It was a question that seemed to be one of the most difficult for the current solicitor general, Donald Verrilli Jr., to answer persuasively, at least to the obvious satisfaction of the conservative justices: If the individual mandate for the purchase of health insurance was found constitutional, what would limit Congress from passing other laws requiring people to buy products from broccoli to cellphones?
Walter Dellinger, who served as solicitor general during the Clinton administration and supports the Affordable Care Act, seemed to have no problem with that one during an appearance on All Things Considered Tuesday with John Suthers, Colorado's attorney general, an opponent of the law whose state is part of a lawsuit against it.
When ATC co-host Robert Siegel put the bright-line question to Dellinger, the lawyer said:
"Sure. I don't think that's a hard question. Because the issue is whether the power to regulate commerce includes the power to require commerce. And the government's position is that you can require commerce on the part of people who are going to be inevitably engaged in the commerce for health care. When they do that they transfer the cost to others and it undermines the regulatory regime. That to me is a perfectly good limiting principle."
Perhaps the conservative justices would have been impressed by Dellinger's answer. Perhaps not. But he certainly delivered it with supreme confidence.
For his part, Suthers suggested to Robert there really could be no persuasive answer because the fundamental problem was that the federal government has no constitutional power to impose such mandates although states do.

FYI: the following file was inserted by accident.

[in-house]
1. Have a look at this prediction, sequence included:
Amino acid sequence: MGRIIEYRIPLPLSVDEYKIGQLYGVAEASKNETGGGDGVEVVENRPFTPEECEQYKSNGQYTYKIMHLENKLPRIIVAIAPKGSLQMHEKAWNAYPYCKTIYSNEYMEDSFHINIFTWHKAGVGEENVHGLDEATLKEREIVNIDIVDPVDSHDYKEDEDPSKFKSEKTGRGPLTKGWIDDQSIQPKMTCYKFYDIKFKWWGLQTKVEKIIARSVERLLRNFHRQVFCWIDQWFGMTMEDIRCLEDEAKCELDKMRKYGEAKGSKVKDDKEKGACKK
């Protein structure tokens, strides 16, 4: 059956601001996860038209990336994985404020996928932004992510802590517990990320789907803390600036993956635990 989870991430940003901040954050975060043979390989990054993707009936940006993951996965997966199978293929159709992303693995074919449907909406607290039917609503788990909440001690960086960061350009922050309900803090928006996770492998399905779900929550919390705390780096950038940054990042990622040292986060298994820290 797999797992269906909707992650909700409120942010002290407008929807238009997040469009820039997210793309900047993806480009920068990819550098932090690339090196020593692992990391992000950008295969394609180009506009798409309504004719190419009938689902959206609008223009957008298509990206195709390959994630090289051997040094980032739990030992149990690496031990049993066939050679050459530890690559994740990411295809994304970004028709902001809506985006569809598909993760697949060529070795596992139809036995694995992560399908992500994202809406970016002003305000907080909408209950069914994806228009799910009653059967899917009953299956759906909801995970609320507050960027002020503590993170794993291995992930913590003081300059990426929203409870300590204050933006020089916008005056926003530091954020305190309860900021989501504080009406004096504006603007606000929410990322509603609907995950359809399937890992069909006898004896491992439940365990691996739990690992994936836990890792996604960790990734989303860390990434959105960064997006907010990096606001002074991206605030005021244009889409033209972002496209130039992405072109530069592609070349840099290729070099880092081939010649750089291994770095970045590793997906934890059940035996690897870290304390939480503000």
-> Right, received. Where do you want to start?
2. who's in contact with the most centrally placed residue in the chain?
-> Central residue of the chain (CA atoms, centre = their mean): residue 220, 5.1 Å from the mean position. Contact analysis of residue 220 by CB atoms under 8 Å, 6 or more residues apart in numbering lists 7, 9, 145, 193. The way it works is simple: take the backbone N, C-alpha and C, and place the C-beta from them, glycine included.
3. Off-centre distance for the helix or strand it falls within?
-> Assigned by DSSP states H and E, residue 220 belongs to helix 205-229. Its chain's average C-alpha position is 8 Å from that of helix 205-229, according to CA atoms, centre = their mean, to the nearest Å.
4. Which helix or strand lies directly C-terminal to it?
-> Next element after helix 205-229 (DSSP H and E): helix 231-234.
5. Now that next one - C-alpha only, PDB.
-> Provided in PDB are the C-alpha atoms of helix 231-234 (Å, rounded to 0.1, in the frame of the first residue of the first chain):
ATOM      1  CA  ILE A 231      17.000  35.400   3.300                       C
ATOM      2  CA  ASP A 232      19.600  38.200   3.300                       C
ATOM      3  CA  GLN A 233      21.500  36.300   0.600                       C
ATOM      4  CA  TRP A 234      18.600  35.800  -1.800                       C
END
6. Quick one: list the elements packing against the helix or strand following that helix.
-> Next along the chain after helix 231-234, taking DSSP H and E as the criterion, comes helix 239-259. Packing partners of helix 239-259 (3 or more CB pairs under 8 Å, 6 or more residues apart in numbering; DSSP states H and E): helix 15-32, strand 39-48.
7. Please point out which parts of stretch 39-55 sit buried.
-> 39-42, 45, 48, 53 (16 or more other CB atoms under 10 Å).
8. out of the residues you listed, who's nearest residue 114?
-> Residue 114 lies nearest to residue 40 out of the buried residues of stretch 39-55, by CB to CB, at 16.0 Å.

Suthers: "This case has been about federalism from the beginning for the AGs. And the fact of the matter is, states are not burdened with enumerated powers that the federal government is. And under their police power, they probably can require people to buy insurance. Whether it's good public policy or not is another question."
As for Tuesday's oral arguments, Suthers was clearly encouraged by what he heard, while Dellinger seemed genuinely unsure which way the court will ultimately go. He agreed that his pro-ACA side got grilled more than the opposing side, especially by the court's conservatives.
Suthers: "I think myself and my attorney general colleagues are heartened. We filed this case two years ago last week. Took a lot of criticism. A lot of the legal community, constitutional law professors, said it was not a well-founded case. We were asking very fundamental questions. And today in the courtroom, we heard the justices zeroing in on those very questions."
Dellinger: "I agree with John that more hostile questions were asked of the government overall than were asked of the challengers. But I came away from the argument not knowing what the outcome will be.
"And that's because I think that Chief Justice Roberts and Justice Kennedy, who sort of seemed to be in the balance of power, seemed genuinely troubled by aspects of each side's case. Obviously, they wanted to know what the government's limiting principle was. But I think they were concerned on the challengers' side that if you don't have this incentive for people to have insurance, and make it part of this insurance reform that uses the private market, is the only option going to be to have a single-payer, national, monolithic system?"